Subway Photography Ban

June 3, 2004

Last month, the MTA proposed rules which would prohibit photography in the subway without a permit.

The proposal would amend §1050.9(c) of the MTA Rules of Conduct, which currently reads:

Photography, filming or video recording in any facility or conveyance is permitted except that ancillary equipment such as lights, reflectors or tripods may not be used. Members of the press holding valid identification issued by the New York City Police Department are hereby authorized to use necessary ancillary equipment.

The proposed rule:

No photograph, film or video recording shall be made or taken on or in any conveyance or facility by any person, except members of the press holding valid press identification cards issued by the New York City Police Department or by others duly authorized in writing to engage in such activity by the authority. 

The New York Times reports: Subway Officials Seek Ban on Picture-Taking

The proposed ban on photography, filming and videotaping drew immediate objections from the New York Public Interest Research Group Straphangers Campaign. "We think it's a mistake to turn the subways into a scary underground where you can't take pictures," said Gene Russianoff, a staff lawyer. "We respect the need for security in the transit system but believe that there are important values in having photographers document life and conditions on the subways and buses."

Mayor Bloomberg fears that a ban would be too restrictive: Bloomberg Blasts Subway Photo Ban: "Transit officials' proposed ban on cameras in subways to prevent terrorism was overzealous and would affect mostly tourists, Mayor Michael Bloomberg said.", not suprisingly, opposes the ban and takes a quick ride on the slippery slope:

An interesting unanswered question is: "Why prevent only NEW photography?" Is this a prelude to even more bans, this time on web sites? includes over 11,000 photos of the subway lines, past and present, and over 17,000 more of transit systems worldwide. Should these be considered historical documents or a source of information to terrorists? Webmasters and contributors could even be labeled terrorist facilitators. Even the Library of Congress has close up, detailed photos of key structures and bridges, "soft targets". Will there be attempts to censor the Library of Congress? Permitting a ban on NEW photography is another step toward removal of ALL of these websites, in the name of "security".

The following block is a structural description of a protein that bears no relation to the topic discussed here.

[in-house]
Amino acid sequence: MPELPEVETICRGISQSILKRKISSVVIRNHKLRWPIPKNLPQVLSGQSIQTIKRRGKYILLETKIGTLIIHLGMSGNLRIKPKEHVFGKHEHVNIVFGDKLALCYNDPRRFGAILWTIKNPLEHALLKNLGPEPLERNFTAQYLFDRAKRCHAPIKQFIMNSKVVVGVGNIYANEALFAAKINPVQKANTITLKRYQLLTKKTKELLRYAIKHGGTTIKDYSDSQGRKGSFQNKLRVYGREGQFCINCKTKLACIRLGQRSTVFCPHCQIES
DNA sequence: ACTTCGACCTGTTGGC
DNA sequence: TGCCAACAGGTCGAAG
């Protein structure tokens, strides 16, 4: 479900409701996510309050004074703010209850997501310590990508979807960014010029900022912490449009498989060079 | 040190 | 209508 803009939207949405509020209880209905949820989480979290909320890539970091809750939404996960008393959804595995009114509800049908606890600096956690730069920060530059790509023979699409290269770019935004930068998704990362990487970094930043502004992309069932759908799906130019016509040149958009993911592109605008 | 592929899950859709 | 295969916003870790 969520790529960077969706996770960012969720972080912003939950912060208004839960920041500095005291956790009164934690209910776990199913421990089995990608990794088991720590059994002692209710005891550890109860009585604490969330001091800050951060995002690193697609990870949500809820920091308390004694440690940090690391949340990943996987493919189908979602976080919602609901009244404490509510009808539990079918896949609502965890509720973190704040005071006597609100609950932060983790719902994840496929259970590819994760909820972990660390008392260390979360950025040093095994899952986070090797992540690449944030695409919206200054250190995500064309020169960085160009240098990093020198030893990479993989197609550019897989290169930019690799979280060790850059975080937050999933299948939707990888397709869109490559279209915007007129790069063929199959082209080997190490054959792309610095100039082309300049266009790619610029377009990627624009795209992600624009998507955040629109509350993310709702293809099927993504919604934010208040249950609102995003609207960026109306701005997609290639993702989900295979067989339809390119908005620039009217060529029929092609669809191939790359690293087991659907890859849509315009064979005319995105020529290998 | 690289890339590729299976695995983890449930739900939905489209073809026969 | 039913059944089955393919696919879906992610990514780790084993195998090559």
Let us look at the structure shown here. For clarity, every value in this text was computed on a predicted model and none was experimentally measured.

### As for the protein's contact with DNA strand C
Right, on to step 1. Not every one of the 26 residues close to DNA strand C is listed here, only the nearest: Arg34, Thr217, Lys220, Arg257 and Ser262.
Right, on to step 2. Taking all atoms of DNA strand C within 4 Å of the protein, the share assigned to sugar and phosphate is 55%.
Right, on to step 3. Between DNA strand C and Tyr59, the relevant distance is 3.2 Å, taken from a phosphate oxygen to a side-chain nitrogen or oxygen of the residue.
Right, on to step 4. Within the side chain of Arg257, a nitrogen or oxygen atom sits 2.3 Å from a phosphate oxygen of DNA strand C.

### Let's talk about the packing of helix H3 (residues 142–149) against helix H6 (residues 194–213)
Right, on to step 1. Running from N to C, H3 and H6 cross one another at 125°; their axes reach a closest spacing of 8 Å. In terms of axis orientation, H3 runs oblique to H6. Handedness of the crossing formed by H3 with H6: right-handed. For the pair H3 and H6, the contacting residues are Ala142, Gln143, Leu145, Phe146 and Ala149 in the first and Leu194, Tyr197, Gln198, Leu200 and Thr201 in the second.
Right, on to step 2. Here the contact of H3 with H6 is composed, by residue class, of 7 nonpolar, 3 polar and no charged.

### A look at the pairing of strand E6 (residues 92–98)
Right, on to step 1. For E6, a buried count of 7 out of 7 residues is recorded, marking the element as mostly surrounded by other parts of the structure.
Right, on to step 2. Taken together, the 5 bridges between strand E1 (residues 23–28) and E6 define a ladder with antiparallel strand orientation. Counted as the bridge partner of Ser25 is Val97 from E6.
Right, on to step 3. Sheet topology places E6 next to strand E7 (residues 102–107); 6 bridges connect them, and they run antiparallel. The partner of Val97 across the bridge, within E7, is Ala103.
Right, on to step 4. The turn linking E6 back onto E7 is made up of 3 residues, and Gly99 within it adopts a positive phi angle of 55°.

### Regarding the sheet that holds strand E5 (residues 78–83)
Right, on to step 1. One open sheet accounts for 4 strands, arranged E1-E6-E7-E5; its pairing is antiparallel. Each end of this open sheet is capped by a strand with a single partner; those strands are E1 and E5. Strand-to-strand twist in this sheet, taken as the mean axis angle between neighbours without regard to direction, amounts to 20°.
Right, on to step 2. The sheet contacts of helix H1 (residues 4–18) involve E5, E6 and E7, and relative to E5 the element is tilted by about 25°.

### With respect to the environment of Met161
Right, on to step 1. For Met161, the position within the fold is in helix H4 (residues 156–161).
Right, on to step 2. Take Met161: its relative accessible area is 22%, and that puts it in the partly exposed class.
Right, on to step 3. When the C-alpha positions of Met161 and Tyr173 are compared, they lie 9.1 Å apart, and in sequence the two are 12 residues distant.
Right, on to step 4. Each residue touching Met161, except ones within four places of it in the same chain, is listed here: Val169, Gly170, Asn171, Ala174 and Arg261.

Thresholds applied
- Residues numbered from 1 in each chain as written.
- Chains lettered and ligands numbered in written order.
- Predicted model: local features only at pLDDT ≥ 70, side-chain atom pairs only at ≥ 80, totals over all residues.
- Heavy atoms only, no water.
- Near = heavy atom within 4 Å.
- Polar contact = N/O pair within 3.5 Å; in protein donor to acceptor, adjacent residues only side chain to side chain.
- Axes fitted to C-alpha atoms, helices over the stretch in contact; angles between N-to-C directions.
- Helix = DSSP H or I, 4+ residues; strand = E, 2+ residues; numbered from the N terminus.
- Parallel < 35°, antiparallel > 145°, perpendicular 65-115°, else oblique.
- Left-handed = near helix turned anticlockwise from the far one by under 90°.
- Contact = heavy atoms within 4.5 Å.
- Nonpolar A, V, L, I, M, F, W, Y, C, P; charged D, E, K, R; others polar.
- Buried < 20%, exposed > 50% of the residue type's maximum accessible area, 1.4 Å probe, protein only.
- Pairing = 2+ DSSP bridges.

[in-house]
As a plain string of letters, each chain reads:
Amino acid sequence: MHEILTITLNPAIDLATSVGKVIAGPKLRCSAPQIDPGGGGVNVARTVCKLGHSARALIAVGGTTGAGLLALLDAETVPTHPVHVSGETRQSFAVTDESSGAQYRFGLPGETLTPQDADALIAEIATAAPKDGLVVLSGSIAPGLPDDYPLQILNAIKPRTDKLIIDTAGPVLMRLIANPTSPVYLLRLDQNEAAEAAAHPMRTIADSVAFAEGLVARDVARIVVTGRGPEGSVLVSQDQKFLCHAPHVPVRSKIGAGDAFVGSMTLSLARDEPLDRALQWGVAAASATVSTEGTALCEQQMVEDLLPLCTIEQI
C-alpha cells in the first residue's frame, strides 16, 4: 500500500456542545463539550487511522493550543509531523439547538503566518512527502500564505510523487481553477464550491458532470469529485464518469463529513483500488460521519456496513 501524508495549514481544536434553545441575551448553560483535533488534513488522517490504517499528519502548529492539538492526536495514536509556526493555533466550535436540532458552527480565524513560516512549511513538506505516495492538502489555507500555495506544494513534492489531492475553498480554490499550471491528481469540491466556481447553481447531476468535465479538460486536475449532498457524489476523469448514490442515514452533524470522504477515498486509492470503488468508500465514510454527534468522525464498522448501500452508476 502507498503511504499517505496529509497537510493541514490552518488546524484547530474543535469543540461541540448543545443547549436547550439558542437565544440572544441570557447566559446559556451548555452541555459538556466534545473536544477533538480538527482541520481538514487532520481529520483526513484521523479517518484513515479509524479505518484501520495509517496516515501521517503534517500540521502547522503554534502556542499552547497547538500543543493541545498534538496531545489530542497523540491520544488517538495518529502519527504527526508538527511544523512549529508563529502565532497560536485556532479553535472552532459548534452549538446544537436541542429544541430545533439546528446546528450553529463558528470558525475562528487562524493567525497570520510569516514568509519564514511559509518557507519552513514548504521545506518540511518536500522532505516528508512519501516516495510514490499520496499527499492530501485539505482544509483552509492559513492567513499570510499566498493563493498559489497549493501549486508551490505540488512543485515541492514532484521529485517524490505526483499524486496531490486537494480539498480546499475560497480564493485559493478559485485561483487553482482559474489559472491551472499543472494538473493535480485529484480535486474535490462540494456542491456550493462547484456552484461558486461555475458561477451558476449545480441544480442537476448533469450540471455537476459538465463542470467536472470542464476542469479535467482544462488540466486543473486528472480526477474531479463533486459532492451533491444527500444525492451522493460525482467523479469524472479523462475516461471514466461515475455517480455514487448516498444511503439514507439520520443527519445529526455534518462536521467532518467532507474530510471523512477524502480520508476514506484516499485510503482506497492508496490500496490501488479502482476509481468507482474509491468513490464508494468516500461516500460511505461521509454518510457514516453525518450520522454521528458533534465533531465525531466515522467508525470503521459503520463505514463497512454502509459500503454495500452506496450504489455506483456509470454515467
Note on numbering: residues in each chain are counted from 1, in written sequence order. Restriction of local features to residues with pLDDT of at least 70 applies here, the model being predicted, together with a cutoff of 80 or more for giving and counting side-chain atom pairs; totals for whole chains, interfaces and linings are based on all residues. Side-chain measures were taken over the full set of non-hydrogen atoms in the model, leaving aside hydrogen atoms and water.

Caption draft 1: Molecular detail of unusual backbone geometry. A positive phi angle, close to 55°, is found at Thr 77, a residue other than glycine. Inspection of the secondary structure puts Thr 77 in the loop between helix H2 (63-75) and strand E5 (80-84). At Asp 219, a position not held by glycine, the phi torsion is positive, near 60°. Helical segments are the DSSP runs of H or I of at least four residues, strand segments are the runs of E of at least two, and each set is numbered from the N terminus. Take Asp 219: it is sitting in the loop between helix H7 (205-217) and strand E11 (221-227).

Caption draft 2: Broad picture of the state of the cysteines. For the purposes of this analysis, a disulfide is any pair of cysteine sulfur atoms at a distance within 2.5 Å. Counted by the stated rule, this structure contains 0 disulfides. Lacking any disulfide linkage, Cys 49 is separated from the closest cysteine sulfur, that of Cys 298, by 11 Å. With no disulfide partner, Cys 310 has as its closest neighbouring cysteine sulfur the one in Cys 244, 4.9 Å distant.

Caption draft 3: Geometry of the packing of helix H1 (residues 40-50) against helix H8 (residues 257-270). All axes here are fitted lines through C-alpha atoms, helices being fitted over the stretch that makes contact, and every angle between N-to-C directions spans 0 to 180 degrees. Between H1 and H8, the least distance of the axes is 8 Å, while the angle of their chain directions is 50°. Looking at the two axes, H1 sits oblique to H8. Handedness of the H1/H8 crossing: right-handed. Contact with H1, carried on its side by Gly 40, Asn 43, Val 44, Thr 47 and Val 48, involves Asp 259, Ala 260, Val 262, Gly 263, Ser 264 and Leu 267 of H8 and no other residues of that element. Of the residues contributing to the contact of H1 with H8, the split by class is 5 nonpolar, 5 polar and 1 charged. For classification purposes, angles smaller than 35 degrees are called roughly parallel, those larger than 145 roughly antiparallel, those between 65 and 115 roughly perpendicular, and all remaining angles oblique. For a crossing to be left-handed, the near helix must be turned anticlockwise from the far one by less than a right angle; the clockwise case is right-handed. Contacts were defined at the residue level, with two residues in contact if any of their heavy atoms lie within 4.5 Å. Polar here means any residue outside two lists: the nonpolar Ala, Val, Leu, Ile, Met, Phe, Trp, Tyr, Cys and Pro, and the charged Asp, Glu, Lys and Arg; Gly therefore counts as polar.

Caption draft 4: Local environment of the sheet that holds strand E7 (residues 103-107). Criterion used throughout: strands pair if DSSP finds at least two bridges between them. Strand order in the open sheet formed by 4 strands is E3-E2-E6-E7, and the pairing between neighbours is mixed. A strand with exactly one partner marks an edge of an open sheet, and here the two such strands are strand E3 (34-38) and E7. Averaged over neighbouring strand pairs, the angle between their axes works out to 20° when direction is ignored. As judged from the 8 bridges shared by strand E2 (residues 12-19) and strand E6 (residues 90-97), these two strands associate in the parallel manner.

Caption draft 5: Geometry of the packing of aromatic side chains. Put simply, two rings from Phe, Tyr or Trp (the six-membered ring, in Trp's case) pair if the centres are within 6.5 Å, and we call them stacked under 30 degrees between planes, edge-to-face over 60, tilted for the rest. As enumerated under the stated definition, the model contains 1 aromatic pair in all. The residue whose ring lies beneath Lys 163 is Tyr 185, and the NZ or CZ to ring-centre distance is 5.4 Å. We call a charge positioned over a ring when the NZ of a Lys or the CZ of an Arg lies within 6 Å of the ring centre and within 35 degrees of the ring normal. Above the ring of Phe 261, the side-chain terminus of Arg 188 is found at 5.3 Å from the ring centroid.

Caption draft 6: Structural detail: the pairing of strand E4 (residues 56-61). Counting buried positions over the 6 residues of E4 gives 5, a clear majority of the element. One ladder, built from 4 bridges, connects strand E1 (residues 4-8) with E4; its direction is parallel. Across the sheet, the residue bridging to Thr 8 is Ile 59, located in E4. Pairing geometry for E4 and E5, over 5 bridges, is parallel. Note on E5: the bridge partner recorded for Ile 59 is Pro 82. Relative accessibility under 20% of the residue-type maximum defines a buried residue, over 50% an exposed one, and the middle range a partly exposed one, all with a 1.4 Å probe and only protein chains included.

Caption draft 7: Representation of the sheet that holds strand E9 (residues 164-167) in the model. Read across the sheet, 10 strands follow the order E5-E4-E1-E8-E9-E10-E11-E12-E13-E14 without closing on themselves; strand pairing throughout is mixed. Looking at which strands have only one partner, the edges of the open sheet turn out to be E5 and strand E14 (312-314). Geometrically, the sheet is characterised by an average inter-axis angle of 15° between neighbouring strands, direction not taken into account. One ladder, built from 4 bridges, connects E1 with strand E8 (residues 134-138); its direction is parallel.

Even though the regulations have yet to be approved, some police officers are already acting to enforce such a ban: Police Waste No Time in Disallowing Subway Photos. Threatened by Undercover NYPD at Stillwell Ave.

I had wanted to write up a nice, concise First Amendment analysis, but since I haven't even gotten as far as taking Chemerinsky off of my coffee table, that's not happening anytime soon. So, I will just say that such a ban is a bad idea and not the least speech-restrictive means for increasing the level of security on the subway.

On Saturday, June 6, at 1 PM, photographers will protest the ban. Meet up at the info booth on the main floor of Grand Central.

In the Village Voice, Matt Haber discusses the potential impact of the photography ban with photobloggers: Forbidden Photos, Anyone?

Posted by Andrew Raff at June 3, 2004 04:51 PM
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If you've ever been hassled by the police for taking pictures, be sure to come post about it at our site. We're compiling all the stories about police abuse of photographers' rights in one central place.

Posted by: David Mays on September 22, 2004 07:42 PM